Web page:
Easy Decorative Mints

8 oz. (225 gr.) cream cheese

1-2 tsp. Flavouring (mint, almond, butter, etc.)

Powdered sugar – enough to make a “STIFF” dough (about 4 x the cream cheese!!)


Easy Wedding Mints 2Mix well, then form into small balls; roll the balls in granulated sugar (you’ll get the feel for how much of the mixture fits into the molds as you experiment with it.) and press into the mint molds.  If the mold is new, you might want to put a little powdered sugar in it before adding the cream cheese mixture so it doesn’t stick.  Immediately pop out onto wax paper to dry & harden (doesn’t take long).  Store in a cool, airtight container.

No-Brainer Nutella Chocolate Sauce

Chocolate SauceAmounts depend on two things:  How much you want to make, and how thick you like your sauce; so I won’t give amounts, but I can guarantee that if you have half a brain in the kitchen you can’t go wrong.  This is a sauce that requires no cooking, no preparing, and can be made as needed (it literally takes 2 minutes).  I have a recipe for a copycat Hershey’s chocolate sauce, but I had run out and decided to improvise one night.  I’ll never make the more complicated sauces again!


Nutella or other chocolate spread of choice

milk or cream of your choice


Scoop out your Nutella into whatever container you prefer.  Start off with minimal milk, and stir it in gradually and thoroughly until you arrive at the consistency you want.  That’s it!  I promise!

The Best Cookies You’ll Ever Make

Grandma Herring's CookiesThat may seem like a presumptuous title; after all, everyone thinks their cookies are the best, right?  But I have yet to come across another recipe that evokes the responses this one does:  I made them this week, and after one bite a guest asked if I would give his wife the recipe!  I’ve had people groaning with pleasure after the first bite, and they’re seriously addictive, as light as air, and melt-on-your-tongue delicious.

But what makes these cookies so special to me personally is the story behind them:  My paternal grandmother, Mary Mae Herring-Higbee, was a Kansas farmer’s wife; she crossed the prairies with her parents in a covered wagon around 1902 as a baby, and they settled in the wild prairies of Kansas, where she met my grandfather and set up house.  She lost seven or eight children before my father came along when she was 40, and he remained an only child.  She was a no-nonsense pioneer, a teacher in a one-room schoolhouse in a town so small that if you were driving through it at 10 miles an hour and sneezed, you’d miss it (really).  These were her cookies.  When she was baking these even the air was edible they smelled so good, and I burnt my tongue on several occasions because I couldn’t wait for them to cool to take the first one.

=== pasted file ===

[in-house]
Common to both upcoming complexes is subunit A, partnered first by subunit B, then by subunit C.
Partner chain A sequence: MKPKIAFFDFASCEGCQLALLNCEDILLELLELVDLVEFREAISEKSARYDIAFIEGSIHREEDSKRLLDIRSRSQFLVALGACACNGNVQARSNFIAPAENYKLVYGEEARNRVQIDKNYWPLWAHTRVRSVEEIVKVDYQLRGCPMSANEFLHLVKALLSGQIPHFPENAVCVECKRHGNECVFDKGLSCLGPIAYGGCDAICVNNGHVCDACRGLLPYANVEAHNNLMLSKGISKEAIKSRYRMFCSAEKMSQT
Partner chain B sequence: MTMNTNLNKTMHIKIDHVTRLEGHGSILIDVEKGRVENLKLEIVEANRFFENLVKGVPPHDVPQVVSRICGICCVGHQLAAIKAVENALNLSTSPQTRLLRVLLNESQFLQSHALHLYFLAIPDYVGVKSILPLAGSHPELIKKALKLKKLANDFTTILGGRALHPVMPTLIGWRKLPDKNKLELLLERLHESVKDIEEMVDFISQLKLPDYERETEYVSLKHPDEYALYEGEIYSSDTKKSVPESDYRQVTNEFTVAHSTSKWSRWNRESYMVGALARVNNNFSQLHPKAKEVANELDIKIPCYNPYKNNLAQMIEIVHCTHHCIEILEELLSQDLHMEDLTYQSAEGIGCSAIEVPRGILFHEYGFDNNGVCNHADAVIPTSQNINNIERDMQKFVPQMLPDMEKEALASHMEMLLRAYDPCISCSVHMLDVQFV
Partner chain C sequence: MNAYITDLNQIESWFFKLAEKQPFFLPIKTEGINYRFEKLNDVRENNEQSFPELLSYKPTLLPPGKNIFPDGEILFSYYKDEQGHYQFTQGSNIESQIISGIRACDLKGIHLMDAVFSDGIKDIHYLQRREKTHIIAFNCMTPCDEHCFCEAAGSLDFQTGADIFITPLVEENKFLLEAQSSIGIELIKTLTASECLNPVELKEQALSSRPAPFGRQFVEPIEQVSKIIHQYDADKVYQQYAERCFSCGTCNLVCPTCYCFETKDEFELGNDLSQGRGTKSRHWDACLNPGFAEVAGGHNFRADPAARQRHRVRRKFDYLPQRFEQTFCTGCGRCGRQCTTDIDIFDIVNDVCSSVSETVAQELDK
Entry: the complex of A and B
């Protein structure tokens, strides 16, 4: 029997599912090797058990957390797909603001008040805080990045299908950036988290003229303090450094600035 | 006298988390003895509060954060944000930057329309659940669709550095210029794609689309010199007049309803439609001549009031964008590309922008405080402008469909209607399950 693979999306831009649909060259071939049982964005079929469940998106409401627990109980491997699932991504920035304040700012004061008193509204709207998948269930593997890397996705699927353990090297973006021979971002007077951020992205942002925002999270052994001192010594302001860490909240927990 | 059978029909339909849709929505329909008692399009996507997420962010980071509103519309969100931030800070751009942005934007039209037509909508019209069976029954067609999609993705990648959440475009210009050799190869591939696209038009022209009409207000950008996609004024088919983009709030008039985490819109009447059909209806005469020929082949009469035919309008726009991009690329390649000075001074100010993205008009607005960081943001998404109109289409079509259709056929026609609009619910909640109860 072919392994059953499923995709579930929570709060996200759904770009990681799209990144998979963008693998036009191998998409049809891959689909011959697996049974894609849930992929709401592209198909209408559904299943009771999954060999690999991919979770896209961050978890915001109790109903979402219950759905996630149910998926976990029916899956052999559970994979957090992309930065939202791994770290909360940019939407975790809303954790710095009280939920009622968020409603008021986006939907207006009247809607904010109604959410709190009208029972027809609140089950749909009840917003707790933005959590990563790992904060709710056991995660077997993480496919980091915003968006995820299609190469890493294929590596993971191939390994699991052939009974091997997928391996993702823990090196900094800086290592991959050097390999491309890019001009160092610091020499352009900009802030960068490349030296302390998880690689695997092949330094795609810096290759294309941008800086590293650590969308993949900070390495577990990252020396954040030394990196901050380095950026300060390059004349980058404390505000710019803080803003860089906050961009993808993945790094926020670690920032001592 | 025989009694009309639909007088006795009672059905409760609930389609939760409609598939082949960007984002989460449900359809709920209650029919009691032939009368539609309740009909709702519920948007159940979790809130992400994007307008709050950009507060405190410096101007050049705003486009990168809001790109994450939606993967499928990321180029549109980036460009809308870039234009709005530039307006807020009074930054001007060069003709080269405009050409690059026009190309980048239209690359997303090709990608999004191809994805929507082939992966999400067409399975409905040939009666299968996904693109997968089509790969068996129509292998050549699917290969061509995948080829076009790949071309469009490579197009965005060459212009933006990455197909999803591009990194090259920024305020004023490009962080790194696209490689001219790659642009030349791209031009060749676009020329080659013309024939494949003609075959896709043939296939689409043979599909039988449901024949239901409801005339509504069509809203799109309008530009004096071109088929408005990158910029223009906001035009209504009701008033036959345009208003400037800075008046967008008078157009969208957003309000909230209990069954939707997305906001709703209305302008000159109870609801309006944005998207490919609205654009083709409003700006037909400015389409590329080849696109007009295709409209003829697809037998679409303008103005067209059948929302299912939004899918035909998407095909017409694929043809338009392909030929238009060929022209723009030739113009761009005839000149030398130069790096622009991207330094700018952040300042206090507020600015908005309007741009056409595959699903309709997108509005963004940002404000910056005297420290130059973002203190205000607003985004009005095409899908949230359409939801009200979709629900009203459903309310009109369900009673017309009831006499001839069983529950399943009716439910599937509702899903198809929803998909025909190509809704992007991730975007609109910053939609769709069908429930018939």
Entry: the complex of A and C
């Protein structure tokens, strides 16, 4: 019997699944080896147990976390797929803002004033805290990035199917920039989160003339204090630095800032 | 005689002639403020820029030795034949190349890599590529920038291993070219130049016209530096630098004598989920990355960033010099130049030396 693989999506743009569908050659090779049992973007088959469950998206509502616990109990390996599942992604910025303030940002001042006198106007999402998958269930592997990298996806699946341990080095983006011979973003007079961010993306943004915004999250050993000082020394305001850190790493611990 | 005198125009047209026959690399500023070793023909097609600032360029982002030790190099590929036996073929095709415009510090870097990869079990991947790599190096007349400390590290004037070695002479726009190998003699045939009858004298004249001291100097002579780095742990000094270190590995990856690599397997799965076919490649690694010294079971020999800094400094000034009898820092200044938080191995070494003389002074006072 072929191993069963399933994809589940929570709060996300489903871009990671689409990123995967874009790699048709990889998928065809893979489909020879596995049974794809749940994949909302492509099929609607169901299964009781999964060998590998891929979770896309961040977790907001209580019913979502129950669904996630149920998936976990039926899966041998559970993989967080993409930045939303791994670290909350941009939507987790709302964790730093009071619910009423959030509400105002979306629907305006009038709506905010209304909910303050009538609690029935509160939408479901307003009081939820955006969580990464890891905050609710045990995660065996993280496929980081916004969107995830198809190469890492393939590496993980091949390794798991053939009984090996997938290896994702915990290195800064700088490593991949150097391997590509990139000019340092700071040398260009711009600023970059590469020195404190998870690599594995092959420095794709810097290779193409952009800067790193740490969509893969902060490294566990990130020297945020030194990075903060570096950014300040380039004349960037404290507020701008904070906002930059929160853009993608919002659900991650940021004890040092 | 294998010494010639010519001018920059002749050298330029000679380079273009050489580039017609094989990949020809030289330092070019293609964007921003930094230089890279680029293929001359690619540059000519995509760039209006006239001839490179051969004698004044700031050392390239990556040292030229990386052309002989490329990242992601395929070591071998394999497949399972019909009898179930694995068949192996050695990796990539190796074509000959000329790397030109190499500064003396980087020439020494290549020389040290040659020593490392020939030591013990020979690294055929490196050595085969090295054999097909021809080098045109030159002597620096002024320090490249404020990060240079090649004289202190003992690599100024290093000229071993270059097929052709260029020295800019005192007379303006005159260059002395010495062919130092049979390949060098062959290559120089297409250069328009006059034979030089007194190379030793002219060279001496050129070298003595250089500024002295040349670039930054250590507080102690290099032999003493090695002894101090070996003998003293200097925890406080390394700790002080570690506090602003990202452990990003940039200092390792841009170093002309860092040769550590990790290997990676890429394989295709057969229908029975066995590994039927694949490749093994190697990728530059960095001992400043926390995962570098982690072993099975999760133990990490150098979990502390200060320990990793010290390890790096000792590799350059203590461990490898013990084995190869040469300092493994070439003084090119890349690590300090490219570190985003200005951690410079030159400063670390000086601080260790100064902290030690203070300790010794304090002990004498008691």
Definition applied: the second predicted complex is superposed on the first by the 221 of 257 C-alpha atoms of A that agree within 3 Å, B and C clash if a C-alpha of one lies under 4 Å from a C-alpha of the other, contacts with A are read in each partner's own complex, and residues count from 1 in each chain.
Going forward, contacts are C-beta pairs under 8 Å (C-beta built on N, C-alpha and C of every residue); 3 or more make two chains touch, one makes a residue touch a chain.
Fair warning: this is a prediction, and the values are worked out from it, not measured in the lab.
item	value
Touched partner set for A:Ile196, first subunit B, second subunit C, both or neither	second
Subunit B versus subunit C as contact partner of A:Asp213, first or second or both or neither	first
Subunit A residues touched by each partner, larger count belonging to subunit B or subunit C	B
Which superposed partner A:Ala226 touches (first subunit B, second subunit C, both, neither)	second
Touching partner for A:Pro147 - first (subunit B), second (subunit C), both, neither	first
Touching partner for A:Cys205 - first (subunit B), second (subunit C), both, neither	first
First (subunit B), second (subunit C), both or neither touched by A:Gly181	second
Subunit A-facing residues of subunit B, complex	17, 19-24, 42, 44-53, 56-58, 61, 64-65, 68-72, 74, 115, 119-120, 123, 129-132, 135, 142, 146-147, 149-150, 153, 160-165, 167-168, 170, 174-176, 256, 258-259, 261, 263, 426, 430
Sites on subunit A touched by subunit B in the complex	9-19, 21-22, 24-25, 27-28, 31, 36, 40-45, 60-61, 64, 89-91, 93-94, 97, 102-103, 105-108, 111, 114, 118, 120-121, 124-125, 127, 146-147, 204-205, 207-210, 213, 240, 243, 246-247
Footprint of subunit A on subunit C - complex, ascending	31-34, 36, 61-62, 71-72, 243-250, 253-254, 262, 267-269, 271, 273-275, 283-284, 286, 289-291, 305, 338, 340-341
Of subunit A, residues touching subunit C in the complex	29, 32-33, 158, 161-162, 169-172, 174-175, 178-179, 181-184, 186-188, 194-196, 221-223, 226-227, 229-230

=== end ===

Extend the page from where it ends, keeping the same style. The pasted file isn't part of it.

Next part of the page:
Being the simple farmer’s wife she was however, she figured everyone knew how to make these so she never wrote the recipe down, and took it to the grave with her.  One day as a teenager I determined to figure out the recipe before it faded from my memory, and spent all day trying to find the secret ingredient and combination that makes them melt on the tongue.  I was at the end of my rope, batches of failed (but very good) cookies up to my eyeballs, when in walked my brother, hands stuffed into his pockets.  “Watchyadoin’?” When I told him, he casually tasted a cookie and said, “You don’t have any applesauce in ’em” and walked to his room.  I didn’t know whether to strangle him or hug him.

So without further ado:

Kansan Farmer’s Cookies

1 tsp. baking soda + 2 Tbs. hot water; disolve soda in water

1 tsp. baking powder

1 C. melted butter (or oil of choice)

¾ C. brown sugar

¾ C. white sugar

2 eggs

1 tsp. salt

1 tsp. each of vanilla & almond extracts

2 C. + flour*

1 C. raisins (light or dark)*

~1 C. chocolate chips*

3/4 can (average size) apple sauce – should be added until it lightens the dough colour  & texture; not drippy, but light and viscous.

Drop onto a baking sheet by the spoonful, far enough apart (they will spread a bit while baking).  Bake @ 190°C for 10 minutes, or until glazed light brown.  While they’re still hot remove to a cooling rack with a spatula that’s large enough for the cookie – they’re especially soft while warm.

Makes 2 1/2 dozen palm-sized cookies.

* If you toss the raisins and chocolate chips in the flour before adding to the liquid ingredients, it prevents them from sinking to the bottom during the baking process.